Volume 1 / Number 1 / Dean’s Remarks
This inaugural issue of The Journal of Small and Emerging Business Law marks the beginning of what I am confident will be an important addition to legal scholarship. The Journal provides a unique focus on the legal problems of small and closely held businesses. and thus fills a void in business law scholarship. It also reflects important business law developments at our law school. Our business law faculty is dedicated to providing leadership in business law education for law students and practicing lawyers while contributing to business law scholarship. Our students are committed to providing, through this journal, a national forum for the discussion and advancement of business law.
We have developed a business law program which integrates the traditional law school curriculum with an emphasis on the legal needs of small and closely held businesses. Most of our graduates who do business related work, like most of the graduates of most law schools, provide legal services to entrepreneurs and the many small businesses which are the backbone of the United States economy. The Journal of Small and Emerging Business Law will serve these lawyers and the businesses which they represent.
With an eye to educating law students about business as well as business law, and with an emphasis on the lawyer’s role as a contributor to business success, our faculty has assembled a thoughtful combination of curricular and extracurricular opportunities for our students. The Journal of Small and Emerging Business Law is an important element of this business law program. Other components include a diverse and up-to-date business law curriculum, a certificate program in tax law, a Business Law Roundtable which brings students together with business lawyers and leaders in business, the Lewis and Clark Forum which is an annual academic conference devoted to a business law topic, and a corporate counsel internship program. Our students also have the opportunity to participate in business-related competitions including the National Tax Moot Court Competition and the National Negotiation Competition, and to join the student Business Law Society.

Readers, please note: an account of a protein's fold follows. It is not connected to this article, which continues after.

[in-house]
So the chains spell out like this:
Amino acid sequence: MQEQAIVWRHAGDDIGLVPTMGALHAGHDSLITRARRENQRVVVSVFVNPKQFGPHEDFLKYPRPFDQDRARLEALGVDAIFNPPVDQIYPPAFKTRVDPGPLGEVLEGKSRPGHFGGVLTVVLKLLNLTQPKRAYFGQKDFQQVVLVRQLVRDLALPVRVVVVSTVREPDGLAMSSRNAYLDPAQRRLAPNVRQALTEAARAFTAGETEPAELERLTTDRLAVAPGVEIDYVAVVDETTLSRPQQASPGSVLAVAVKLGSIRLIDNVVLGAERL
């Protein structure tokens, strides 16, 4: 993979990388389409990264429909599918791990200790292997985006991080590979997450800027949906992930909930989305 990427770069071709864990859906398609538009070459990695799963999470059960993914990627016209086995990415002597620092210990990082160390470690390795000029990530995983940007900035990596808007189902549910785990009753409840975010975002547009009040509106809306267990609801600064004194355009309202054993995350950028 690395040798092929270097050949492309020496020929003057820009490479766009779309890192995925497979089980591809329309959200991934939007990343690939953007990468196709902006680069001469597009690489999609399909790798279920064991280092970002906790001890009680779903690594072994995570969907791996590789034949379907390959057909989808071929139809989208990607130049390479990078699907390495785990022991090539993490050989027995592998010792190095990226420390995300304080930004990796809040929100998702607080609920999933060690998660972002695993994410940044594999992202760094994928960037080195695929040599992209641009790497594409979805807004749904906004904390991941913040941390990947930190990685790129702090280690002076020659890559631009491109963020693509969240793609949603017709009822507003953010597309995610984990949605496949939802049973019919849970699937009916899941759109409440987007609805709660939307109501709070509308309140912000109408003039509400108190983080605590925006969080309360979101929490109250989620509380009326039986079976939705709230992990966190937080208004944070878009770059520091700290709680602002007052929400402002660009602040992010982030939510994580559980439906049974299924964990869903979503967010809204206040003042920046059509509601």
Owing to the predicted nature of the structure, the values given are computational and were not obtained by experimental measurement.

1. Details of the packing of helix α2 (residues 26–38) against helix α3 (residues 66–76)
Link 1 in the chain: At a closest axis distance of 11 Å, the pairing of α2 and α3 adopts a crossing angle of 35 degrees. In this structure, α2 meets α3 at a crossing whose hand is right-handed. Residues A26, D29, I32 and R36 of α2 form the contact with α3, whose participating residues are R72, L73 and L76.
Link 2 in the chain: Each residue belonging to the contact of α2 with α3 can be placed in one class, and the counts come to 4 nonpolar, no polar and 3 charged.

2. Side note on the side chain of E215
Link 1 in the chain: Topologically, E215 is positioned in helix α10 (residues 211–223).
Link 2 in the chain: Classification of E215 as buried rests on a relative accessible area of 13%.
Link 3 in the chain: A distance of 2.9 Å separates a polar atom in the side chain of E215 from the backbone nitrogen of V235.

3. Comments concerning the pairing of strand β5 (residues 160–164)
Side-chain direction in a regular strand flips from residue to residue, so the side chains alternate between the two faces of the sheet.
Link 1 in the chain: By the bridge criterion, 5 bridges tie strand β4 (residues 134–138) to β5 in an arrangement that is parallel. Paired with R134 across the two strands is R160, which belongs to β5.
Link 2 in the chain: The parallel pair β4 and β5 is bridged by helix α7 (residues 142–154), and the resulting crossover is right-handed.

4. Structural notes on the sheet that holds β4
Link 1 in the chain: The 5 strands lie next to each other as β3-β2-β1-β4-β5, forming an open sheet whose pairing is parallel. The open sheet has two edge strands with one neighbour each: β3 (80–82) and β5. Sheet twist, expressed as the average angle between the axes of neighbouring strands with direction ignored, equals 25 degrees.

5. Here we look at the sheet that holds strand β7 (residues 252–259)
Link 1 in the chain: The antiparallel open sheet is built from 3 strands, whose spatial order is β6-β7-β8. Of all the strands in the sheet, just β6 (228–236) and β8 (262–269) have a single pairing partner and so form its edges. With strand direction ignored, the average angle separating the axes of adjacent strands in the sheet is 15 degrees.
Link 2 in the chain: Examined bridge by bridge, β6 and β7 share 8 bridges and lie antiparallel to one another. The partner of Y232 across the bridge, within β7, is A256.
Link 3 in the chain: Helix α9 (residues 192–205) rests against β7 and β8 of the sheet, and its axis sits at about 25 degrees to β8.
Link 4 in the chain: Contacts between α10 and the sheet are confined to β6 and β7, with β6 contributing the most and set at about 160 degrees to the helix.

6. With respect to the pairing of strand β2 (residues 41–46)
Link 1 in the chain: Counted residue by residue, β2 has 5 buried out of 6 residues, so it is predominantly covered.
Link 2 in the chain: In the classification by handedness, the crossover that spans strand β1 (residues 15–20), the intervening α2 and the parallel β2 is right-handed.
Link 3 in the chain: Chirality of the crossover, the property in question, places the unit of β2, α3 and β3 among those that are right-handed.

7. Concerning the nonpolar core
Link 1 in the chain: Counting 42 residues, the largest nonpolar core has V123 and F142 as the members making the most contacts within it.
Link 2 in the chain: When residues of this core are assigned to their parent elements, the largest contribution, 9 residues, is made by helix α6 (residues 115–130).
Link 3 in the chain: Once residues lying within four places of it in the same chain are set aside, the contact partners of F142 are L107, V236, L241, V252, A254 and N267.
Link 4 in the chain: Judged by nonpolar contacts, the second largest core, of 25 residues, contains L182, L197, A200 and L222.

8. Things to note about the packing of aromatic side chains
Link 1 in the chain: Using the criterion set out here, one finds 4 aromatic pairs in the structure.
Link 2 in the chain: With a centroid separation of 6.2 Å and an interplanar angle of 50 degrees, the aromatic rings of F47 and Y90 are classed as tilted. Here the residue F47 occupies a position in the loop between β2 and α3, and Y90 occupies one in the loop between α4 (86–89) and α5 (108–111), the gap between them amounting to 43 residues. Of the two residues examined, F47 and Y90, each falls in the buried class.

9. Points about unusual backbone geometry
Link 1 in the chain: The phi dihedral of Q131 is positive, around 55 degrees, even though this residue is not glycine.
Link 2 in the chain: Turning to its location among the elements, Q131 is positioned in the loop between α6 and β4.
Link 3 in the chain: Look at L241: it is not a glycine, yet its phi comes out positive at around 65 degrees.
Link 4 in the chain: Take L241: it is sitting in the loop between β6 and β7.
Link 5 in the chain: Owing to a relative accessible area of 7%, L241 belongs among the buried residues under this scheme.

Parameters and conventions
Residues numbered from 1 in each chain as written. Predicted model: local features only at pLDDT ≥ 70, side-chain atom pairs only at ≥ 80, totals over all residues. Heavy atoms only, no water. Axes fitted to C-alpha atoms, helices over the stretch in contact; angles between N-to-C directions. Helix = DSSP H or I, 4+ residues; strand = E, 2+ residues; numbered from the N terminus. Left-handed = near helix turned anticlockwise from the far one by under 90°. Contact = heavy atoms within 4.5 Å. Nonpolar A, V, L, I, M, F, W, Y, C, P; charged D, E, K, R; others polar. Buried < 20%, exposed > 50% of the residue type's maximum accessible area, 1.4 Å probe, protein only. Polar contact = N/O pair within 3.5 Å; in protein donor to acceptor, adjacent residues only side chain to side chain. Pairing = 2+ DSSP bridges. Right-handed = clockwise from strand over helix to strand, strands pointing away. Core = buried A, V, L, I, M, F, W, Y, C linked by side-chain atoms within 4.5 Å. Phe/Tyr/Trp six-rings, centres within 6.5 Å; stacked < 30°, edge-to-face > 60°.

These developments in the law school’s business law program blend nicely with our nationally recognized program in environmental law. From its inception, the environmental program has integrated the law of natural resources development with the law of environmental regulation. This early recognition of the inextricable relationship between economic development and environmental protection influences our approach to business law, particularly our focus on small business where regulatory impacts are often the most significant. The Journal of Small and Emerging Business Law joins our other journal, Environmental Law, to provide a public face which reflects our balanced approach to the education of future lawyers.
On behalf of our law school and our many alumni practicing business law and engaged in business across the United States, I am pleased to introduce this new journal to the bar, the academy and the business community. Particular thanks are due to the Journal’s editorial board who, in the midst of all that fills the life of today’s law student, have taken an idea and turned it into an excellent law journal in less than twelve months. They are a credit to our law school. Thanks also go to my colleagues on the faculty - Jack Bogdanski, Brian Blum, Gordon Smith - who have nurtured the idea of a small business law journal, guided the development of an outstanding business law program, and now serve as faculty advisors to the journal.
James L. Huffman
Northwestern School of Law of Lewis & Clark College